Western Nevada College President Chet Burton told the Carson City Rotary Club on Tuesday overall his college is headed in a good direction with many positive things happening.
But he made it clear the governor and next Legislature need to fix some of what it did with the new funding formula if WNC is going to thrive instead of survive.
He said the $4.95 million in bridge funding included in the budget in the last week of session has helped his school and Great Basin College, in northeastern Nevada. He said that funding was critical because, under the new formula, there’s a lag of a couple of years in getting more money to handle growth and changing needs.
Burton said that “makes it very hard when a Tesla comes in and says we need three or four thousand employees.”
The Workforce Development Fund that would help the school manage that “lag” wasn’t included in the final budget and wasn’t taken into account in the new funding formula.
One of the biggest changes, Burton said, has to be in the weighted student funding model. He said English and History students at University of Nevada, Reno, get double the funding that goes to one of his welding students.
“Those are skills that lead to a good job,” he said. “I think it’s something that’s going to be looked at carefully.”
Another critical issue, he said, is how “F” grades are counted for student funding. He said if a student’s attendance falls below 60 percent of the classes, the school gets no funding for that student even though the teacher has invested a significant amount of time in that person.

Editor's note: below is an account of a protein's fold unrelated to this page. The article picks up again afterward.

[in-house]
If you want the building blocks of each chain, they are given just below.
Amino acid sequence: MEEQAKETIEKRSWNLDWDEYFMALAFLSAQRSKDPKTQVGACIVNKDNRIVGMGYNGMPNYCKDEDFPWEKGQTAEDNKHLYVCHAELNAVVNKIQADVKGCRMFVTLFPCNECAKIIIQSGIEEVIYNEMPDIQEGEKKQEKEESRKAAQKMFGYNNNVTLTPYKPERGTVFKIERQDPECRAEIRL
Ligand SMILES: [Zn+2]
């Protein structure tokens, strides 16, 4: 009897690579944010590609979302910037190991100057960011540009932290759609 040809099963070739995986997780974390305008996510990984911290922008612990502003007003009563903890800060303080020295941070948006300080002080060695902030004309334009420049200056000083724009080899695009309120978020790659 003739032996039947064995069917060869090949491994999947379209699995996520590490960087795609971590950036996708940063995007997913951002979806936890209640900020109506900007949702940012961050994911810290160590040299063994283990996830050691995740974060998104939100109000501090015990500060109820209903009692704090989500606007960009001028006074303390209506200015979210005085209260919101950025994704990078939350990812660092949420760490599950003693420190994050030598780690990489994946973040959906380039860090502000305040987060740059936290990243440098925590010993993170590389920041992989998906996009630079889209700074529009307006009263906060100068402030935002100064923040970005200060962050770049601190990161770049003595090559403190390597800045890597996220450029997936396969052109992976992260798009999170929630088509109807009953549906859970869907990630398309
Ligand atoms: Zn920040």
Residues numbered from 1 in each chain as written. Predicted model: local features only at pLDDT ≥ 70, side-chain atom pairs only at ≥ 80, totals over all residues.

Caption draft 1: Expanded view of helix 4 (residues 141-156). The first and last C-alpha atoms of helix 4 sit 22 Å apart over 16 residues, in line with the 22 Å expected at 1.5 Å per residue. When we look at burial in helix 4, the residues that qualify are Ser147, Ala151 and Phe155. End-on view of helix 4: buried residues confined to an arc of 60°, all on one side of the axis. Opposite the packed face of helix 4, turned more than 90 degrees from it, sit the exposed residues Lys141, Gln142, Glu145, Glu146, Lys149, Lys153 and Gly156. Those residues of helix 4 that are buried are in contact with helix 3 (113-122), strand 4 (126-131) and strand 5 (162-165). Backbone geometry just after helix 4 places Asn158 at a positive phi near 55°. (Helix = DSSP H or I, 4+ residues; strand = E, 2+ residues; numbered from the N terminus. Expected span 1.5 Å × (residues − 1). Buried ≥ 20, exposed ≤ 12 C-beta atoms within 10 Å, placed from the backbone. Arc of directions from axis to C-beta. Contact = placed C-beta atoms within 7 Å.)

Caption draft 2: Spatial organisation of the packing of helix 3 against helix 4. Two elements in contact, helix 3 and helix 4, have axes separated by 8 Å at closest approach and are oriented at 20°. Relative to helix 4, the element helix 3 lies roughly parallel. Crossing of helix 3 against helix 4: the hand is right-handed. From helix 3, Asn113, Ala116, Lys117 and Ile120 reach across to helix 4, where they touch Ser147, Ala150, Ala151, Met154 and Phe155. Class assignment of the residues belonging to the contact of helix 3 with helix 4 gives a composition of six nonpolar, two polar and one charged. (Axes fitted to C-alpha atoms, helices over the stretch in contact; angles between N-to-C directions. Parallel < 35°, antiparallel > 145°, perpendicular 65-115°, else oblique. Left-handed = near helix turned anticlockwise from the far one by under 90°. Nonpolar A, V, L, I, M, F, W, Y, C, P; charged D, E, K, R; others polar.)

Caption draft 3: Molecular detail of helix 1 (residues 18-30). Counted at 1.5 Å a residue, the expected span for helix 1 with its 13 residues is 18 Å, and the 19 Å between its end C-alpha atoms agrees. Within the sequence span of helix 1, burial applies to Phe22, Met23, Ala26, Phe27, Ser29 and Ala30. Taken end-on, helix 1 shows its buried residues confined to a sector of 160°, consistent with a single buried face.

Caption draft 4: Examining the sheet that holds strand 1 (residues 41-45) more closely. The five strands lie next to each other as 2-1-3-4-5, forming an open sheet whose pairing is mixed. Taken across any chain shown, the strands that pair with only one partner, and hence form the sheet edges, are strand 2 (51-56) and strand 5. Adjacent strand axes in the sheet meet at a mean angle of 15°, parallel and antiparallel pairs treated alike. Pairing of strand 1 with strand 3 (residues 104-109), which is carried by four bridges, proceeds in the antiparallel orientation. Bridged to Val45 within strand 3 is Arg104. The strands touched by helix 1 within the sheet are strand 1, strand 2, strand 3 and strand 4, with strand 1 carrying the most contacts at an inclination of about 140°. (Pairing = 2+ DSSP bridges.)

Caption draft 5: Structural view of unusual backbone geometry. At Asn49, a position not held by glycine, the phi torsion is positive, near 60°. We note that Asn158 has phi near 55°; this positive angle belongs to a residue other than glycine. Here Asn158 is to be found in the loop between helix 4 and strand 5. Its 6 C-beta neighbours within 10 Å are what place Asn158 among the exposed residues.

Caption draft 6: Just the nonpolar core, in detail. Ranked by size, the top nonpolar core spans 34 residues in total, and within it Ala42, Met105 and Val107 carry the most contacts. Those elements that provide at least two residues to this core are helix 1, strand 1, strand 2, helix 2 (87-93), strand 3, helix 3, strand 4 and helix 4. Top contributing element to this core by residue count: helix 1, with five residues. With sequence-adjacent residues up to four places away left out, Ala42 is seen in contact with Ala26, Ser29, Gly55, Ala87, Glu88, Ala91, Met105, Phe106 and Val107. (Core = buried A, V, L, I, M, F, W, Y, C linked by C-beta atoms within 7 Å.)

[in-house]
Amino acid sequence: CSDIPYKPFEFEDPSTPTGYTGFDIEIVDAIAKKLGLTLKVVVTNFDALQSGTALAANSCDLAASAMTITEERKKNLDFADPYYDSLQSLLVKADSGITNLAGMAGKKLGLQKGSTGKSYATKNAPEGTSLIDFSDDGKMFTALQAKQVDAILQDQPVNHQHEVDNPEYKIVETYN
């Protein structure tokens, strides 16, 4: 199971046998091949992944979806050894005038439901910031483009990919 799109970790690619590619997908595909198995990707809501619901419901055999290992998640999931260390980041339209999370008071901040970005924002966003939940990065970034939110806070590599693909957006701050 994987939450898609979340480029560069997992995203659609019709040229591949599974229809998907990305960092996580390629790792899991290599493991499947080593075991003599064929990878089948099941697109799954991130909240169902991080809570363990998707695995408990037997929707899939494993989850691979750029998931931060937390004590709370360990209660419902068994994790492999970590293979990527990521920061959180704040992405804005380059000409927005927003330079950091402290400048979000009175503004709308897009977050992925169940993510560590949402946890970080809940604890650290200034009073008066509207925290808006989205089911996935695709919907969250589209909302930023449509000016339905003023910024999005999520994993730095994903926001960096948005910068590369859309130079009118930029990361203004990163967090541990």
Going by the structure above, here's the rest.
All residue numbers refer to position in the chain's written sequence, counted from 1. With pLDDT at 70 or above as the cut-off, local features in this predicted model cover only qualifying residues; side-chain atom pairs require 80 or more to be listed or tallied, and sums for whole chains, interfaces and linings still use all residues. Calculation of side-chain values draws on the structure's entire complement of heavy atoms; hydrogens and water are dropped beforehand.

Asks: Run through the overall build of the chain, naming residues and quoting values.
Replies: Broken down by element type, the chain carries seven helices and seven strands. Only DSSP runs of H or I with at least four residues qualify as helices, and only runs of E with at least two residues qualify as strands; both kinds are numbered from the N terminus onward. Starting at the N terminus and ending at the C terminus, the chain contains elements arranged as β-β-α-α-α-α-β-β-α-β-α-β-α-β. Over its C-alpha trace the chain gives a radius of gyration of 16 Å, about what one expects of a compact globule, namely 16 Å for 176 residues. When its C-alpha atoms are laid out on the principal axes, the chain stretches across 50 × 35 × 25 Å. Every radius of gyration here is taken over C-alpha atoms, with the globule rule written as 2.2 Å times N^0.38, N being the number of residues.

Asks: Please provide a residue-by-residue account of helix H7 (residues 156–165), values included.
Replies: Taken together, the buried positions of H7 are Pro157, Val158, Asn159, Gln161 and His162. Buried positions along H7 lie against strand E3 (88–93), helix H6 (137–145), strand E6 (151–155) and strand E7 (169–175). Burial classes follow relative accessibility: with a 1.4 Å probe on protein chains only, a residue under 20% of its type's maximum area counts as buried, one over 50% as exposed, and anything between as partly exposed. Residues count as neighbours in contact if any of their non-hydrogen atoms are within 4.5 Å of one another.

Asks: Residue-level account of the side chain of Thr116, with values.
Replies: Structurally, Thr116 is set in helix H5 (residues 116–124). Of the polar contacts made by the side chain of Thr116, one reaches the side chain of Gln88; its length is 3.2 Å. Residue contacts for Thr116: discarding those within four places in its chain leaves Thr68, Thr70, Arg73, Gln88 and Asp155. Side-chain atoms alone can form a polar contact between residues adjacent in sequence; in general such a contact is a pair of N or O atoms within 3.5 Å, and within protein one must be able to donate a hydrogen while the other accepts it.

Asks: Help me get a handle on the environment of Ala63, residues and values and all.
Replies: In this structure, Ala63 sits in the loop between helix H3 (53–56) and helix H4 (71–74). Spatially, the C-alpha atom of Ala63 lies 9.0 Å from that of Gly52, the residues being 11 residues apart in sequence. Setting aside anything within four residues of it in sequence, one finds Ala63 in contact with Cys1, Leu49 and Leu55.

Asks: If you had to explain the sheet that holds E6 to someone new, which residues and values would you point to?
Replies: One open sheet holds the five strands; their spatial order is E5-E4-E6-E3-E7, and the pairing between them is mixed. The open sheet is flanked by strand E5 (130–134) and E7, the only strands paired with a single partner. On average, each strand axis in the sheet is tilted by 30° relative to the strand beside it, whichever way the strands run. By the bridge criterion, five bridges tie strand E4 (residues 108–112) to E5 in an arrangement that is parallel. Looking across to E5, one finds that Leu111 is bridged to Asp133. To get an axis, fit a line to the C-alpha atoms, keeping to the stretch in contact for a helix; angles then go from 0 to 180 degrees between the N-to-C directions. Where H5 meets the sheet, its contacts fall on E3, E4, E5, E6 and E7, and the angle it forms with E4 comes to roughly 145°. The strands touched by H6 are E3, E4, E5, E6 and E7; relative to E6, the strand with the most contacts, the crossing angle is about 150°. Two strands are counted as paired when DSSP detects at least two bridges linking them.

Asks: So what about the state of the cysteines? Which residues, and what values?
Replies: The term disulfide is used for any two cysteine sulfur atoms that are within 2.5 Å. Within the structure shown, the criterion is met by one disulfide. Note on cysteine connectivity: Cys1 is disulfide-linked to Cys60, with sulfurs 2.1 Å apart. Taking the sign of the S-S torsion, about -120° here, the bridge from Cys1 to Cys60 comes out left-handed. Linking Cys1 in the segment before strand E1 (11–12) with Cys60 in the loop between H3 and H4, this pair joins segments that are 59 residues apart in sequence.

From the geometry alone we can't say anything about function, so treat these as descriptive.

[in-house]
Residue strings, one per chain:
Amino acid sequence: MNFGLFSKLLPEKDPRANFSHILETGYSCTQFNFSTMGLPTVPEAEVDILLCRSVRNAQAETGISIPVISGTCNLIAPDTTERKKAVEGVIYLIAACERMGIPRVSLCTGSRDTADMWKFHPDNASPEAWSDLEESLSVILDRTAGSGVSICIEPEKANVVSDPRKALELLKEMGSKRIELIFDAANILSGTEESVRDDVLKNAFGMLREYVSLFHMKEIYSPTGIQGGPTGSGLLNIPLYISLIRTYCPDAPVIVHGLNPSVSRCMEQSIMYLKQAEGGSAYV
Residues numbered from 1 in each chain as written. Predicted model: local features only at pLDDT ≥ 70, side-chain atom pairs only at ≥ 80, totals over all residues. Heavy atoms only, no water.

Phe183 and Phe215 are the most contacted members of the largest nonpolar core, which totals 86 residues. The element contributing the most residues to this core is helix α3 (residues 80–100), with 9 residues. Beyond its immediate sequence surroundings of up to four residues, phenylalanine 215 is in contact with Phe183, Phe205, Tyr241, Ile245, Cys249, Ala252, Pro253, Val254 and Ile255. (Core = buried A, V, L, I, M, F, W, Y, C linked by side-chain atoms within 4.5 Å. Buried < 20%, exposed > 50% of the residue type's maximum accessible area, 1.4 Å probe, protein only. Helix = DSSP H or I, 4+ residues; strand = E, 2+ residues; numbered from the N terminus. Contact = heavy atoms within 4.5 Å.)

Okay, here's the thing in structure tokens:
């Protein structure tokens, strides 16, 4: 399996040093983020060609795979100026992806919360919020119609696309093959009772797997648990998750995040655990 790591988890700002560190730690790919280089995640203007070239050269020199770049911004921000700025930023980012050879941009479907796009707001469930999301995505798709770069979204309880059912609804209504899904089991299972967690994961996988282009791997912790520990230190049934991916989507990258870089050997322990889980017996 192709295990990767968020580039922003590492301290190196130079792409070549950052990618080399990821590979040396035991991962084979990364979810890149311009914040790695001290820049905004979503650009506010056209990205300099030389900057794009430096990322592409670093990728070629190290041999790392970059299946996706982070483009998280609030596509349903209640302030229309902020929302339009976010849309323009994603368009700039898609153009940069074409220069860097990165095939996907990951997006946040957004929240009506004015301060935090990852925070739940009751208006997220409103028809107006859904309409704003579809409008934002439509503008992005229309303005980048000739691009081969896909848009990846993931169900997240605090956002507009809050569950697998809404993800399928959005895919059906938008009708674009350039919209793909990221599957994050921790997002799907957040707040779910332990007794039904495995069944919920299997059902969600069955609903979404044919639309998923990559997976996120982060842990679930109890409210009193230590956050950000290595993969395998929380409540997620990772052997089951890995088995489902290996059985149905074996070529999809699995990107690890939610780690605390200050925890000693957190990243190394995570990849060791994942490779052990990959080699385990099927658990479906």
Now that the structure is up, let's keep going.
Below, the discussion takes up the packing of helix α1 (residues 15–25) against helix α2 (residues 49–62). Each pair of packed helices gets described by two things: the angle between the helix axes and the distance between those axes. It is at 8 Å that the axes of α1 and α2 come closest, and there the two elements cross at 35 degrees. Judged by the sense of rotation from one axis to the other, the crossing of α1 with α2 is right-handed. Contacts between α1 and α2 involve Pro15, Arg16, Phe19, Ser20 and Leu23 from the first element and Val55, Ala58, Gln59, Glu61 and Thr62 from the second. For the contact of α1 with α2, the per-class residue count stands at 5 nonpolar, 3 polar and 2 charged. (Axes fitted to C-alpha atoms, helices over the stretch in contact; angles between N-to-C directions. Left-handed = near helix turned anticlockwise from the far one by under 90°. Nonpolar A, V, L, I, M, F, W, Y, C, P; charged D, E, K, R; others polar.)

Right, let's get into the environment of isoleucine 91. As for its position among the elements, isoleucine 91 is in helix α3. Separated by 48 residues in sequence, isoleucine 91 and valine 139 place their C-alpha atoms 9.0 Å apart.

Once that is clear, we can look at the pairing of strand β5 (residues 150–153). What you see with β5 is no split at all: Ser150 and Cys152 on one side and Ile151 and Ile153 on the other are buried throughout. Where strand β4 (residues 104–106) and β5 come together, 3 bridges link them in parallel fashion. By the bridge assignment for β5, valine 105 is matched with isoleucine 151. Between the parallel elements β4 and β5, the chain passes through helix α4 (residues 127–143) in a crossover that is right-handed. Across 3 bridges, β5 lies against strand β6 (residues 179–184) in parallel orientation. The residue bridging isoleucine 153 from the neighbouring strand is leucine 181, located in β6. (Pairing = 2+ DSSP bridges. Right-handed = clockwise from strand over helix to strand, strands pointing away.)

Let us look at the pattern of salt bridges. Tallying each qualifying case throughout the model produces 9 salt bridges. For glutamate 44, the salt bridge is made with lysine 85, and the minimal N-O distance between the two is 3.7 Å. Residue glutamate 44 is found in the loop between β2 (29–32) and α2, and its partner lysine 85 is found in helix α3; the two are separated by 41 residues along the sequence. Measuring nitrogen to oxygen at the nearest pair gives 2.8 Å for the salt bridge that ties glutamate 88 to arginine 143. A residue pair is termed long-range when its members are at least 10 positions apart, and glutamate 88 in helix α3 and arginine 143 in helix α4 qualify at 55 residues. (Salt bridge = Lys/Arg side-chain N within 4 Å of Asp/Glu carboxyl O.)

“It’s a perverse model,” he said adding the school lost some $300,000 to the universities because of that rule.
Burton said since the recession started in 2007, WNC’s funding has been cut by 42 percent.
But he said there are numerous positives WNC is now working on.
Burton said they are looking at doubling the number of students in the Jump Start program that lets high school juniors and seniors take, for credit, classes at WNC. Burton said about 60 percent of WNC’s incoming students pass the math and English tests. More than 90 percent of those who participate in Jump Start, he said, pass those tests. He said WNC will be bringing in Pyramid Paiute Tribe students, charter school students from Fallon and others to Jump Start.
He said WNC also is returning to the Naval Air Station Fallon to offer classes, taking classes to veterans serving prison time to improve their chances of success, and expanding its Industrial Technology Center to meet Tesla’s demands for trained workers.
“We’ve got one shot at this because, if they can’t get the workforce to make that plant successful, who else is going to come here,” Burton said.
He said three new classrooms are being added at the Fallon campus by converting a common area to handle a booming student population that will increase by 12 percent this school year.
He said WNC is also looking at finding a way to construct a dormitory on campus, something he said numerous students want because of the difficulty in finding a place to live in Carson City.
He said overall, he’s “bullish” on WNC and its future and continues working to, as he put it, “put the community back in community college.”